A pioneer in veterinary medicine: Dr. Roy Curtiss

Dr. Roy Curtis
Dr. Roy Curtiss

By Sarah Carey

Roy Curtiss III, Ph.D., a professor at the UF College of Veterinary Medicine, has made a huge impact on infectious disease research in his 84-year lifetime, and he has no intention of stopping anytime soon.

Hired through the UF preeminence initiative in 2015, Curtiss is a professor in the college’s department of infectious diseases and immunology and a member of the prestigious National Academy of Sciences.

Elected as a fellow in the National Academy of Inventors in 2016, Curtiss is internationally known for his intersectional expertise in multiple fields, including genetics, microbiology, biomedical sciences and vaccinology. His pioneering work in the areas of microbial pathogenesis, genetic manipulation and vaccine development has been used to address worldwide problems in animal, human and environmental health.

Also in 2016, the Sid Martin Biotechnology Institute, the leading biotechnology incubator at UF, announced that Curtiss Healthcare, a startup vaccine-technology company Curtiss formed in 2015, had been admitted into its Alachua bio-incubation program.

Before joining UF, Curtiss enjoyed a rich career in microbiology and genetics research at Arizona State University, where he worked for 11 years and directed The Biodesign Institute’s centers for Infectious Diseases and Vaccinology and Microbial Genetic Engineering. He previously chaired the department of biology at Washington University in St. Louis, where he served as a faculty member for 22 years.

The American Society for Microbiology honored Curtiss with its Lifetime Achievement Award in 2014. This was a highlight for Curtiss, who never took a course in basic microbiology or virology.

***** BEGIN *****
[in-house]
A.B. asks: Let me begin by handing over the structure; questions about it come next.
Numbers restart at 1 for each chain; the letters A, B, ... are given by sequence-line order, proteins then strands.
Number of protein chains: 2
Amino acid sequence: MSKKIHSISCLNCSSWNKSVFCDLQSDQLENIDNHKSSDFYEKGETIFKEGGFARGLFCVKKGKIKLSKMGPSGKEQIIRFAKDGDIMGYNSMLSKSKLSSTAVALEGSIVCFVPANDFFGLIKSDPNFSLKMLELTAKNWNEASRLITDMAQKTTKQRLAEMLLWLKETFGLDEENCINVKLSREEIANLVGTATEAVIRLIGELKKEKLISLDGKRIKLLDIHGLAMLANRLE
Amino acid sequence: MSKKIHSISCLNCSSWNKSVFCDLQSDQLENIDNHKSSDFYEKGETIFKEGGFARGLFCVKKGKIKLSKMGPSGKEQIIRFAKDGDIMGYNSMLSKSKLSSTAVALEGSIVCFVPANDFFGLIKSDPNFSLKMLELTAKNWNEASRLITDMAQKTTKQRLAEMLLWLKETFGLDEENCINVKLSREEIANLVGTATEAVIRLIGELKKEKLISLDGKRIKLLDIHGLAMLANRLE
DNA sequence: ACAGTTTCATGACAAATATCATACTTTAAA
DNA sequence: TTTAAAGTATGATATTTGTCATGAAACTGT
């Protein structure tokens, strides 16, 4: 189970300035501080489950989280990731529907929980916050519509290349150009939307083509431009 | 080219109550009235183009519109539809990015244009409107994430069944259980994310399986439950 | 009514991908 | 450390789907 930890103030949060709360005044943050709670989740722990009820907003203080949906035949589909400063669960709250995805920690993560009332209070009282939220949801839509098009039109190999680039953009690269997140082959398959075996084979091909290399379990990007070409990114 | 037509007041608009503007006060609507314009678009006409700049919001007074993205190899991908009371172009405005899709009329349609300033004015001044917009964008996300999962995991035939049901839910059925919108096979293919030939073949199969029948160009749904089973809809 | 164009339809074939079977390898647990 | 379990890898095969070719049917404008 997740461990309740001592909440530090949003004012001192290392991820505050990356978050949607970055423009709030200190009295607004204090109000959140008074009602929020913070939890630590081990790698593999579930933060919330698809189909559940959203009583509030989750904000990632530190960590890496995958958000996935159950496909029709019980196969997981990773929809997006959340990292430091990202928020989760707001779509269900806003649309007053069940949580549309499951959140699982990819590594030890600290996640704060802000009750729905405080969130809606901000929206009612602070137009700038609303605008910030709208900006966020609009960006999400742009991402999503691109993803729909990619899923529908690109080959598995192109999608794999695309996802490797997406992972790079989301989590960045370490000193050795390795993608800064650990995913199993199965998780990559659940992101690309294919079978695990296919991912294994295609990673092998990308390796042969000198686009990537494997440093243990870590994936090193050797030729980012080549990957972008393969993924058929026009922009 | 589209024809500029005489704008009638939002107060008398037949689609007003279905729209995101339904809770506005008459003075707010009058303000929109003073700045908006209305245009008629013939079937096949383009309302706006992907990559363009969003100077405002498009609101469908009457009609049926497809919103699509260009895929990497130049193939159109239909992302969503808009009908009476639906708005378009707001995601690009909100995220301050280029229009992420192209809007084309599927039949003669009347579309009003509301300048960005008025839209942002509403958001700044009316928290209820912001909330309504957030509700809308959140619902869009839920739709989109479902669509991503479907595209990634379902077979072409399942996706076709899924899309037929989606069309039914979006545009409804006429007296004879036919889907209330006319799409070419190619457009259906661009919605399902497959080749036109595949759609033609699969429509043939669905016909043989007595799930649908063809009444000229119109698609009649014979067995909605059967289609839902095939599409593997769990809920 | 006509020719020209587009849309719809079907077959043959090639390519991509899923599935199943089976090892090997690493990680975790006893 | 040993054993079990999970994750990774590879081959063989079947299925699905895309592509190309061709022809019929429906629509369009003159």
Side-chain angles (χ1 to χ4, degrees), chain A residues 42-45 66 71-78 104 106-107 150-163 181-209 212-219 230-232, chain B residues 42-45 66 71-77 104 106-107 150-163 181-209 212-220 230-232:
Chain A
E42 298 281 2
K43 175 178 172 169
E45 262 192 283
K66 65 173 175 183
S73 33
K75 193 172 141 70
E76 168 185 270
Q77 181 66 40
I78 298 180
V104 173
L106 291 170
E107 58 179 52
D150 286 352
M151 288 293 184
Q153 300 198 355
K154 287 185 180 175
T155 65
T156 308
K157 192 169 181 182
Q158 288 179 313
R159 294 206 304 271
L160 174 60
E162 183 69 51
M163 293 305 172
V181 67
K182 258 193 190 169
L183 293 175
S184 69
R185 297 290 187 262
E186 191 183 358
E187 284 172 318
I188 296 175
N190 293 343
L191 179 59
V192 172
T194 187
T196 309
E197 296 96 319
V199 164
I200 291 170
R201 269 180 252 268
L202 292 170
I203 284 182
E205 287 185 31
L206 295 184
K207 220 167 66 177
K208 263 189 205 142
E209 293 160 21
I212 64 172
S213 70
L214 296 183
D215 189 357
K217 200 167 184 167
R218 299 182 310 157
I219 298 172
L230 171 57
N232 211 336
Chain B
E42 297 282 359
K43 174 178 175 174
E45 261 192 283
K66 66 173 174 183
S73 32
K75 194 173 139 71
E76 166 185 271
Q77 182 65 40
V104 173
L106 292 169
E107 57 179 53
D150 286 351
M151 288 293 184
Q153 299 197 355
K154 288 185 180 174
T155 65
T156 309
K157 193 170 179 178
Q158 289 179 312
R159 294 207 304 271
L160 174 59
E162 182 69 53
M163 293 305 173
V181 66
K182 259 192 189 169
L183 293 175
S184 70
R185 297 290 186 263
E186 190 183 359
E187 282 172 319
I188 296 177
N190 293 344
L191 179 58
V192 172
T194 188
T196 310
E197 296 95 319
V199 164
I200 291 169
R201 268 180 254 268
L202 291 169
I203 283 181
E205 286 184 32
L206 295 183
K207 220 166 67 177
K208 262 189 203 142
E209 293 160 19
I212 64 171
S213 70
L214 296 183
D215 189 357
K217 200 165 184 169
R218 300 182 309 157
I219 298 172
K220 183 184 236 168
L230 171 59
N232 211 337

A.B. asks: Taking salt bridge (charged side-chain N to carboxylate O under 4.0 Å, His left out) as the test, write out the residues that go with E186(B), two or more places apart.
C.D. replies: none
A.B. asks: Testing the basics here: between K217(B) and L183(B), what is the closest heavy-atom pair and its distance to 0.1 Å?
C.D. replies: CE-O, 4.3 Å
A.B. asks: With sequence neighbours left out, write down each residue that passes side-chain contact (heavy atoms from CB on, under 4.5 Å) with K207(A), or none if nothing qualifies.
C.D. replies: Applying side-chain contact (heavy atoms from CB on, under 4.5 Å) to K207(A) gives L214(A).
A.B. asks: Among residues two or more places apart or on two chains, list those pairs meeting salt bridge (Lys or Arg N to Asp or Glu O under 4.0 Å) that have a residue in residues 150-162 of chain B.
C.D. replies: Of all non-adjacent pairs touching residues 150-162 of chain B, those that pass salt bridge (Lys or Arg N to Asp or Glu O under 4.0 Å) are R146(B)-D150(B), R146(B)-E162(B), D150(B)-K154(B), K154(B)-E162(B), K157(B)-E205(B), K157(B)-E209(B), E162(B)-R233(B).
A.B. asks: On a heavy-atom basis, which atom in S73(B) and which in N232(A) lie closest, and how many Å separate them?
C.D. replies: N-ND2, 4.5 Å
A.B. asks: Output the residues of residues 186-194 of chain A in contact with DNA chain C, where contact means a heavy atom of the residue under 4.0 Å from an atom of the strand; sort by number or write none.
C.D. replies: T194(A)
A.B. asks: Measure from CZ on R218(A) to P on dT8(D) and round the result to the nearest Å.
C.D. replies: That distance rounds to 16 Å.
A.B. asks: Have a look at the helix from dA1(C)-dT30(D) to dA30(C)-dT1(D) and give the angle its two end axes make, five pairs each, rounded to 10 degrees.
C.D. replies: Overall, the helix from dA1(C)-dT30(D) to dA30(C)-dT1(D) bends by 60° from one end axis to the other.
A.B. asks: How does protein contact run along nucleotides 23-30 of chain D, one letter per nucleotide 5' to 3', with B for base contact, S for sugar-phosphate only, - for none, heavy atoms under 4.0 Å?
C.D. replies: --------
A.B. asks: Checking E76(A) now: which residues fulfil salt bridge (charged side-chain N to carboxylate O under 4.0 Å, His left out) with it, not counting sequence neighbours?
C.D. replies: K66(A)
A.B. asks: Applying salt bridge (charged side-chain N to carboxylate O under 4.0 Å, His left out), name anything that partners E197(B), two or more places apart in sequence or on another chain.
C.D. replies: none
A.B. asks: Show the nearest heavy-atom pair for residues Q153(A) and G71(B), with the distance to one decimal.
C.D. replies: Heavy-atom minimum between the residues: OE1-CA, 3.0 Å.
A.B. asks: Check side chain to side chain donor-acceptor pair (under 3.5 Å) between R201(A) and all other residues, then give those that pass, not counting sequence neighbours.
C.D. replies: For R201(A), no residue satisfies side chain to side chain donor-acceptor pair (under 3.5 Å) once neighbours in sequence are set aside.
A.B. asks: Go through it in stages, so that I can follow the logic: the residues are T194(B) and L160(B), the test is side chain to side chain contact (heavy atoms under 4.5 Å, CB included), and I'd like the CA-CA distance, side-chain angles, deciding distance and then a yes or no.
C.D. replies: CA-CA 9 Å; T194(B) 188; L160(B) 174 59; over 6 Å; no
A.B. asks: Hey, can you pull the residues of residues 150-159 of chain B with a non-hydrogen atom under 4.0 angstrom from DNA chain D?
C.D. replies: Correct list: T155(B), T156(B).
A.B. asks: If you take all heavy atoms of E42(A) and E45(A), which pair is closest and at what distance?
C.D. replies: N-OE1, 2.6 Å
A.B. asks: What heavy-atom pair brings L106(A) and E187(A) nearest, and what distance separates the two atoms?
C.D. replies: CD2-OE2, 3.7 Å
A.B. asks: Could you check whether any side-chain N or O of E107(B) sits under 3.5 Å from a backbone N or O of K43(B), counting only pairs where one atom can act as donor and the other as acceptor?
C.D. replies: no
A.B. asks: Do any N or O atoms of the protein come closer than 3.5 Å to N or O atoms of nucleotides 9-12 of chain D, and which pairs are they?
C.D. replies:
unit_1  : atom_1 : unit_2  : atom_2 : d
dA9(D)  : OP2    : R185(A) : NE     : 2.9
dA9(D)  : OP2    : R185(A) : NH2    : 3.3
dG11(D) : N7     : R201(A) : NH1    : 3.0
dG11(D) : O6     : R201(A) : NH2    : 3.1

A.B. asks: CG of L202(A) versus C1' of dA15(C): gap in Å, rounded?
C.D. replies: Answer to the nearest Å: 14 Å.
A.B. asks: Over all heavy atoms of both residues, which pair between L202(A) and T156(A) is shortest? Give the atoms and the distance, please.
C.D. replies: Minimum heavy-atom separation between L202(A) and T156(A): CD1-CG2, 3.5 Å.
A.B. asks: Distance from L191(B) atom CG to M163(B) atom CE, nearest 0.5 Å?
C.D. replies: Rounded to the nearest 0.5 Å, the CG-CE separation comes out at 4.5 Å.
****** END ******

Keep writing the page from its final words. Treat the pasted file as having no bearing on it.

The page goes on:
Among his most notable scientific contributions is the co-discovery of the molecular genetic means by which Salmonella bacteria invades cells of the body. Salmonella is a common bacterial disease that affects the intestinal tract in humans and animals.

His influence regarding Salmonella research goes back to the early 1990s, when Curtiss formed a company known as Megan Health to develop animal vaccines, and he eventually left a departmental chair position in academia to work part-time there. In 1998, the company developed a vaccine to prevent Salmonella infection in broilers and laying hens. In 2016, this vaccine was administered to over 3 billion chickens.

“Making agriculture more productive while at the same time enhancing food safety for consumers is a major objective in developing vaccines to prevent infectious diseases,” Curtiss says, adding that the company’s technologies improve food quality and safety and help treat and prevent serious infections in animals and humans.

You could even say Curtiss’ story started with a chicken.

As a 16-year-old in 1950, he won the Chicken of Tomorrow contest at the New York State 4-H competition. This led to his early work in avian genetics: crossbreeding white Plymouth Rock and white Cornish chickens to yield broilers with better meat structure and production, and better genetics to protect against Salmonella and E. coli infections.

His life story reflects his early passions: a fascination with science, a thirst for excellence and a desire to make a difference in the world – something Curtiss is clearly doing every day.